Australia’s feral cats have directly contributed to the extinction of over 20 native Australian mammals, such as the rusty numbat and the desert bandicoot.

cat hunting in the wild
Image Credit: henrikveres, Pixabay

China

China’s domestic cat population is in the midst of a boom at the time of writing, rising over 10% from 48 million to 58 million between 2020 and 2021. But, the country’s populations of feral cats are also on the rise, with up to five million in Beijing alone. Research from 2021 suggests that these stray cats are responsible for killing billions of invertebrates, fishes, amphibians, reptiles, birds, and mammals.

Islands

Islands are home to many “ecologically naïve” animal species. This refers to the tendency of animals on isolated islands to lose their wariness of potential predators. They do not have a response when face-to-face with larger predators, like cats. When feral cats are introduced to these islands, they can have a devastating effect on biodiversity.

Cats have been implicated in the local extinction of species such as the Lyall’s wren in New Zealand or the cavy-like hutia in the Caribbean islands.

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Stray vs Household Cats

Over 25% of households in the United States have at least one pet cat. While 75% of these pet cats are kept strictly indoors, the other quarter is left free to roam outside. Hybrid indoor-outdoor cats are responsible for killing approximately two animals weekly, but you might be shocked to learn that these hybrids are not the primary issue.

Estimates suggest that there are anywhere between 60 to 100 million homeless cats in America. While the average household cat in your neighborhood may be responsible for some of the deaths of your local wildlife, the stray cats are likely responsible for the bulk of them. According to data, stray and feral cats are responsible for 69% of bird deaths and 89% of mammal deaths in America.

The problem with stray cats is that they are often “sponsored” by humans. Instead of bringing the strays into their homes, humans provide them with food and support that allow them to continue to reproduce at unnatural rates. As a result, they live in the same area for their entire lives, constantly killing and not giving the population of local wildlife time to rebound as they would in a natural predator-prey cycle.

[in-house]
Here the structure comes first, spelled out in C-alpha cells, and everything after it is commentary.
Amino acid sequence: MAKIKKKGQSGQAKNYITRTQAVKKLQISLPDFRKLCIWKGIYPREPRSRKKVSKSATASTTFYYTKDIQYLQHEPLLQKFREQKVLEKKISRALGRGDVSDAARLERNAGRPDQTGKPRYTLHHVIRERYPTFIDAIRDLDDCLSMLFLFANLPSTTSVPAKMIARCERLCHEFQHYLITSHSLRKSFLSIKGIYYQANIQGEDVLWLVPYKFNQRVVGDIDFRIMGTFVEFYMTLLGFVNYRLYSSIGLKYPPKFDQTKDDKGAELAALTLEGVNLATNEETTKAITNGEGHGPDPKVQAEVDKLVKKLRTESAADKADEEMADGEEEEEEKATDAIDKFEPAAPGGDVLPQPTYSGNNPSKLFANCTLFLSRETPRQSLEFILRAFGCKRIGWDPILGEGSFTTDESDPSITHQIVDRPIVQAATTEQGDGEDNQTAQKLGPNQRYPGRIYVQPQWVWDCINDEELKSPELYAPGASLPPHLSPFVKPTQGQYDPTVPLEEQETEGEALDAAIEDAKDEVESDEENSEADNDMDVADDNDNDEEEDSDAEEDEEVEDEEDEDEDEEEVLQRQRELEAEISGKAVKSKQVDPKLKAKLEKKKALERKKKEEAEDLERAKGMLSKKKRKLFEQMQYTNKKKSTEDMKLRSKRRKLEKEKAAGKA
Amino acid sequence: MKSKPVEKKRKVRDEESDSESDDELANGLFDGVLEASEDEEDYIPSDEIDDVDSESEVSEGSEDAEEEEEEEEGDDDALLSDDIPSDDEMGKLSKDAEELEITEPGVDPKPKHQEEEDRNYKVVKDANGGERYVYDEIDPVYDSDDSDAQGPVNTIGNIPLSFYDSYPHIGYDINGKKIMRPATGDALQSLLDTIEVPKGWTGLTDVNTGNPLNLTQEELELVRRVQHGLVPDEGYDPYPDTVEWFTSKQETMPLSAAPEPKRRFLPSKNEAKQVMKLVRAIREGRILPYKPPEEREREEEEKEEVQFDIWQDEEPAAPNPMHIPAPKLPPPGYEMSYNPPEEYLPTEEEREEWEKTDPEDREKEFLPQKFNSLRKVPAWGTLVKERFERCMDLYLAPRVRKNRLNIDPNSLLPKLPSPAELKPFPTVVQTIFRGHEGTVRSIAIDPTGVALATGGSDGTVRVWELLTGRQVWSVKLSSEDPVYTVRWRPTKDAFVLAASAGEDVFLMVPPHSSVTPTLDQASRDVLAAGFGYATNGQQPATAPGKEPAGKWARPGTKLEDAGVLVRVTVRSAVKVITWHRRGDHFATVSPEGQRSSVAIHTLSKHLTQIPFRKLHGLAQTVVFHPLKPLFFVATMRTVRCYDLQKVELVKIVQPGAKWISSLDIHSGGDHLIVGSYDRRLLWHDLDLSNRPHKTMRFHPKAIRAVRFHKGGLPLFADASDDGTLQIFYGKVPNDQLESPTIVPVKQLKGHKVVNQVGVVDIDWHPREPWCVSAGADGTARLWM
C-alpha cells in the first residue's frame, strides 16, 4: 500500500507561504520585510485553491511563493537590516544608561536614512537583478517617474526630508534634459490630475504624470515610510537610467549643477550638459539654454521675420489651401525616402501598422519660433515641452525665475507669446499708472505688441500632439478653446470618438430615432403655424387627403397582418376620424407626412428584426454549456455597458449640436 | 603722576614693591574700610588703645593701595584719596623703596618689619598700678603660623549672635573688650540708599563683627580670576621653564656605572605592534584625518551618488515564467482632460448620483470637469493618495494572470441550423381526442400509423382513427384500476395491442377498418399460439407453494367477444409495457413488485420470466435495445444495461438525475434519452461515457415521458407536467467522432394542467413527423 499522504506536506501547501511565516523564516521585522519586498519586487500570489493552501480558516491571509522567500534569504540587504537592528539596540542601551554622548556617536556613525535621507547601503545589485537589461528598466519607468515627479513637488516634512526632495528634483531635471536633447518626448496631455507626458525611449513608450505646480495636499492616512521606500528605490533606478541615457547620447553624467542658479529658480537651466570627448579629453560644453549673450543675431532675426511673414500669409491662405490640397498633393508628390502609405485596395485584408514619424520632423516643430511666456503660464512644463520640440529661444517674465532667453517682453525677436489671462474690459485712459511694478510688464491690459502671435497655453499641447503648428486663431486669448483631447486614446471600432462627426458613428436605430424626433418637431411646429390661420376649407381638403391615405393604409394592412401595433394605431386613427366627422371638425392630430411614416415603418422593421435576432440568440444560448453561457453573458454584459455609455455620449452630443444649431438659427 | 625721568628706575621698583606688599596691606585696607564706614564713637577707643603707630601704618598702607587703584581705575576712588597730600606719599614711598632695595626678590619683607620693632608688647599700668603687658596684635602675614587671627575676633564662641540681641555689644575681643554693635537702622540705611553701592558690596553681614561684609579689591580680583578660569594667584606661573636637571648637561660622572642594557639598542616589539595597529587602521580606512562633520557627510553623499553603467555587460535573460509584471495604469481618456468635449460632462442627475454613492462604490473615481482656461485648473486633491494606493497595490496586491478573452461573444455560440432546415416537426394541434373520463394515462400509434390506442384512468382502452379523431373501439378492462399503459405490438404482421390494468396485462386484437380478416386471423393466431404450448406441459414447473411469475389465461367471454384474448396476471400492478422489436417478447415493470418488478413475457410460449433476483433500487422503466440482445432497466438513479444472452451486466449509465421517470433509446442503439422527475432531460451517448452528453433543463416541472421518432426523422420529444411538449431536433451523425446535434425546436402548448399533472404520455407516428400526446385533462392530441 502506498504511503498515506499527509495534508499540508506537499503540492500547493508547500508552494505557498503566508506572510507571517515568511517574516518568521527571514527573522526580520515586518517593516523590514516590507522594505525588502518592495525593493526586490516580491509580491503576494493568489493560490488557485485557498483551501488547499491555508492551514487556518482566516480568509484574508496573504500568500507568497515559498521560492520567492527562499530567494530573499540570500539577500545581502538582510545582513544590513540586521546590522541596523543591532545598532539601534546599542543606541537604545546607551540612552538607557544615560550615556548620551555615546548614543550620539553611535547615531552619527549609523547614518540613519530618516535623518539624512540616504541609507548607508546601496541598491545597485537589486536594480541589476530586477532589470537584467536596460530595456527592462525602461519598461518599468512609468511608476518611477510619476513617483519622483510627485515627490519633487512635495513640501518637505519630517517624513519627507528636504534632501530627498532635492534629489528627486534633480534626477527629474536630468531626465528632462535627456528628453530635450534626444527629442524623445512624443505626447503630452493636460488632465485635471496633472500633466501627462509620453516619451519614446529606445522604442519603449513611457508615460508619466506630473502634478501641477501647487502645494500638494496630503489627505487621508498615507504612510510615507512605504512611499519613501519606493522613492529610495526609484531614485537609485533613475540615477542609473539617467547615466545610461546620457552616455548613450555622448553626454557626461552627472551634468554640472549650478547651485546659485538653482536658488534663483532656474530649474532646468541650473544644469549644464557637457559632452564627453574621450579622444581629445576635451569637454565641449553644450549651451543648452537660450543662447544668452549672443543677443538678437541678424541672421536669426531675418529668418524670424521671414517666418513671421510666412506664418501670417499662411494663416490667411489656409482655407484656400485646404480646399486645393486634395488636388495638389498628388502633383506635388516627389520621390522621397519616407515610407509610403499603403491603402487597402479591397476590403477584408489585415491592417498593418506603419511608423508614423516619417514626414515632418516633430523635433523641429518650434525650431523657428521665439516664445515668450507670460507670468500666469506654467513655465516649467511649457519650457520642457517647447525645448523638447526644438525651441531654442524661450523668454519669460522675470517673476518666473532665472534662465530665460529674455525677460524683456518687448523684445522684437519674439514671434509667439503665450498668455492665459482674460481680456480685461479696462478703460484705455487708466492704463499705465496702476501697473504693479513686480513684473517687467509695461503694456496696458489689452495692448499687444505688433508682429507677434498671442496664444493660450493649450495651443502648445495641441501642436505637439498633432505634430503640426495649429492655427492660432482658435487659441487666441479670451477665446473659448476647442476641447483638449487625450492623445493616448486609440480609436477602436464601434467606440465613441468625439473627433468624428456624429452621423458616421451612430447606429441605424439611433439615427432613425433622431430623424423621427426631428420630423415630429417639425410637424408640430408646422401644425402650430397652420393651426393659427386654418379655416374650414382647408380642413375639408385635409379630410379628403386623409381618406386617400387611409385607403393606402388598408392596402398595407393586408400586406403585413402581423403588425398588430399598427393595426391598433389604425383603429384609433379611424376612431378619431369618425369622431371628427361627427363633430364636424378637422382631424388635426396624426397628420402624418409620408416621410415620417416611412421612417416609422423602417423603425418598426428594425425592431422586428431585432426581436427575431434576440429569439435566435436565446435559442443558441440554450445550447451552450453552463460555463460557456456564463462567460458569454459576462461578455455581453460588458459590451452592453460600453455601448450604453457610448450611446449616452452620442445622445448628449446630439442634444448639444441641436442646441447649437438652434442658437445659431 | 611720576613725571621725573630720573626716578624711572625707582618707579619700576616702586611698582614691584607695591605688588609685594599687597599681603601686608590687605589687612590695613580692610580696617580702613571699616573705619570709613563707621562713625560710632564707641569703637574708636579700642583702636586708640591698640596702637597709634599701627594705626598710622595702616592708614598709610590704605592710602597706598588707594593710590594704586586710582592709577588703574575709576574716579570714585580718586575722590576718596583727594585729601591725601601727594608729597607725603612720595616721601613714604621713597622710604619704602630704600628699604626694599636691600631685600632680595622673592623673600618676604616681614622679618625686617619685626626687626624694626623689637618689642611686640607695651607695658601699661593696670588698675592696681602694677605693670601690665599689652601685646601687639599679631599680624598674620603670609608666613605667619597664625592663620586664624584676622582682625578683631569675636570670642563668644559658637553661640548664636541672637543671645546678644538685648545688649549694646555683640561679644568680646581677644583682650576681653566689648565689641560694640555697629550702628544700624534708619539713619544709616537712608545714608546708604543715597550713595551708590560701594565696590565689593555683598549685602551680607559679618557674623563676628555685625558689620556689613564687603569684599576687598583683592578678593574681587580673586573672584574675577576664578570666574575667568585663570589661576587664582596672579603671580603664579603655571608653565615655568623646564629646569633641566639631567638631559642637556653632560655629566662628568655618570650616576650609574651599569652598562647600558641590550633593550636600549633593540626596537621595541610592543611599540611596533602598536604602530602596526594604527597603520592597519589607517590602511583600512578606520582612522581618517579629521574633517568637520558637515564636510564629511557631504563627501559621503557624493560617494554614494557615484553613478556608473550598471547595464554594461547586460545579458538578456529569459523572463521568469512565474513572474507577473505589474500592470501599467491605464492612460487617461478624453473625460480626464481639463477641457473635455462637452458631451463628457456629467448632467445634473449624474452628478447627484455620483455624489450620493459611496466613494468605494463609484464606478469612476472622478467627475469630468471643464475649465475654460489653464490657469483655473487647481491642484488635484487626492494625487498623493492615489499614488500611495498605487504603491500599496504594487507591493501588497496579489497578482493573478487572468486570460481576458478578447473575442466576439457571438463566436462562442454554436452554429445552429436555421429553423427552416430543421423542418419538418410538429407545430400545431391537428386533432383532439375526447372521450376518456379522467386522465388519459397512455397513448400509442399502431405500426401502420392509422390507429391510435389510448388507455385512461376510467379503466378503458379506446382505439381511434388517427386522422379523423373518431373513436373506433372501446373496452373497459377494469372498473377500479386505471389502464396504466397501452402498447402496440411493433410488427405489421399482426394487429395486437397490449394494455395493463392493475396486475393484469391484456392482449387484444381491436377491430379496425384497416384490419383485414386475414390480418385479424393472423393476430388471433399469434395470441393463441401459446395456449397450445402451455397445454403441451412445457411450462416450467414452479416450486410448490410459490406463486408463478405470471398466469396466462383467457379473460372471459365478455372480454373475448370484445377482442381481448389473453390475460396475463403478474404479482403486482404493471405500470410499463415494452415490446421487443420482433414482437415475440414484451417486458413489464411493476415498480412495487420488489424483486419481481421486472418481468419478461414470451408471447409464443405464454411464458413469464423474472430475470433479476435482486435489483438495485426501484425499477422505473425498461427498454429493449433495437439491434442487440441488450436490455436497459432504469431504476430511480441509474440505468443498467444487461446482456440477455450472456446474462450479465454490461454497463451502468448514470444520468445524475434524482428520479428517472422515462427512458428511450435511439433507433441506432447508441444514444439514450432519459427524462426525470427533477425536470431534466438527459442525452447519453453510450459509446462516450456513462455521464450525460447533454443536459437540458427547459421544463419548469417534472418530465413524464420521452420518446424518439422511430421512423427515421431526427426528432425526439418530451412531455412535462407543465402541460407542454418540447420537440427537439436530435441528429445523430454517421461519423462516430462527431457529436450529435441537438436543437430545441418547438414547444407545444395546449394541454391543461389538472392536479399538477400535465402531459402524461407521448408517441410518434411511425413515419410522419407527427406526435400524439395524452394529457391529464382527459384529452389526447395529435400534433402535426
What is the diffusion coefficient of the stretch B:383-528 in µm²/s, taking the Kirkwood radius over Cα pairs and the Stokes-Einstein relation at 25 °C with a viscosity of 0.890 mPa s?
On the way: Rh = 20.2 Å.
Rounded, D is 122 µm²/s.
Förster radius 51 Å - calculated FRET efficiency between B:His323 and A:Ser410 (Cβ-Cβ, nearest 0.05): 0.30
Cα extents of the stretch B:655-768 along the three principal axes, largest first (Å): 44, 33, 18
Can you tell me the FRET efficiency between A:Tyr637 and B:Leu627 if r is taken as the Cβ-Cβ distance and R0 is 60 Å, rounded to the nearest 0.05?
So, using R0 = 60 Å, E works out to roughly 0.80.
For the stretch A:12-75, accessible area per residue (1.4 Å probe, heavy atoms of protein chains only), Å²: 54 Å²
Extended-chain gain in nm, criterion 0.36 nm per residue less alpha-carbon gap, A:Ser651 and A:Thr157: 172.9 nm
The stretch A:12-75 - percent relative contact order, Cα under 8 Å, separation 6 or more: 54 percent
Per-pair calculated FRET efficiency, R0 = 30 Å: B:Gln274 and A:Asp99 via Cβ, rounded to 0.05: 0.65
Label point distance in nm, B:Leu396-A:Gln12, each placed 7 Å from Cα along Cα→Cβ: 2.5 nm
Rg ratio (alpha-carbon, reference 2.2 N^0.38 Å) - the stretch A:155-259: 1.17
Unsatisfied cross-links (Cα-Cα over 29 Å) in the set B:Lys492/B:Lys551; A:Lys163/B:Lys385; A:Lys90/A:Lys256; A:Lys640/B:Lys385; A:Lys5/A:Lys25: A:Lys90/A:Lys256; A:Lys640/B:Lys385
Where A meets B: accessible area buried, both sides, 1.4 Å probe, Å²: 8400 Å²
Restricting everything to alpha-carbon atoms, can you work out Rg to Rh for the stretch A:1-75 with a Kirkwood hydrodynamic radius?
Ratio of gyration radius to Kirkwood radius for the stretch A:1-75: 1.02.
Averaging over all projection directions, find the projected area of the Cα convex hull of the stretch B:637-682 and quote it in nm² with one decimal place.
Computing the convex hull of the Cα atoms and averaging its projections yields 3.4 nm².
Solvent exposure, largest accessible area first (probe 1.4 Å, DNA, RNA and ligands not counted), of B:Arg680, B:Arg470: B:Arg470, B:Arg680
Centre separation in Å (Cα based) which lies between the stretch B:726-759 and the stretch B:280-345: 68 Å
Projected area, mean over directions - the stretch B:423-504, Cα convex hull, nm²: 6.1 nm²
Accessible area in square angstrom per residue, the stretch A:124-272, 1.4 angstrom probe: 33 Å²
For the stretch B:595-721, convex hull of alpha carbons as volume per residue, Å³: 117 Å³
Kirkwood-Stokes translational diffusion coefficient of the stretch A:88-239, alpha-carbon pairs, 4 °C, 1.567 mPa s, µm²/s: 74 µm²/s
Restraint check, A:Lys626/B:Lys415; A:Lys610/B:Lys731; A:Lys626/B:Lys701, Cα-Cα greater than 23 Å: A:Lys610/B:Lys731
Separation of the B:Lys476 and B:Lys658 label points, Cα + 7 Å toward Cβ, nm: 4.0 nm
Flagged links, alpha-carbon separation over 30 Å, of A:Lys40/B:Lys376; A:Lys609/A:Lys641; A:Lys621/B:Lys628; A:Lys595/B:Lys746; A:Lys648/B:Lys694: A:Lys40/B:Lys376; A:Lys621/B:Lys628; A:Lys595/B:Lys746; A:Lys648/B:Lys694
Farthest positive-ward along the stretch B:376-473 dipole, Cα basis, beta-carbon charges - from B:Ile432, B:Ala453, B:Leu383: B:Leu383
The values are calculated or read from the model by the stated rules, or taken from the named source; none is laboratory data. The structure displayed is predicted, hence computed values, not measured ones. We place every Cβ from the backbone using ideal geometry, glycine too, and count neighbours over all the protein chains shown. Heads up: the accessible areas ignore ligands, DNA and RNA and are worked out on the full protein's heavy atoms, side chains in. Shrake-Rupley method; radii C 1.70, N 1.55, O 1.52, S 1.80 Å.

stray cats in the streets
Image Credit: Lea Rae, Shutterstock

How Can I Do My Part in Protecting Local Wildlife?

The answer to protecting your local wildlife is to keep your cats indoors. Your pet cannot harm your neighborhood’s birds or mammals if it’s safe inside your home all day.

Of course, your kitty might have something to say about your decision to keep them indoors, especially if they are used to having free roam in their neighborhood. This is a process that’s going to take some time, so patience is a virtue here. Your goal is to make your home as enjoyable as possible with plenty of toys, enrichment, and ways for your cat to flex its hunting muscles. Feed them using food puzzles and invest in toys that mimic the movement of birds or mice when you play with them.

If your cat is still begging at your door to go outside, consider building them a catio. Catios are the perfect transition for cat owners looking to transition their outdoor cat to indoor life as they provide the stimulation of the outdoors while ensuring any local wildlife is out of reach.

You might also buy a leash and collar for your cat so you can take them for walks to allow them to enjoy the outdoors safely.

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Final Thoughts

No one wants to think of their beloved kitties as wild animal killing machines, but given a chance, your otherwise docile cat might find joy and revel in the suffering of your local wildlife population. You can do your part in protecting the wildlife in your area by keeping your cat indoors or allowing them to explore outside safely while in a catio or on a leash.


Featured Image Credit: Klimek Pavol, Shutterstock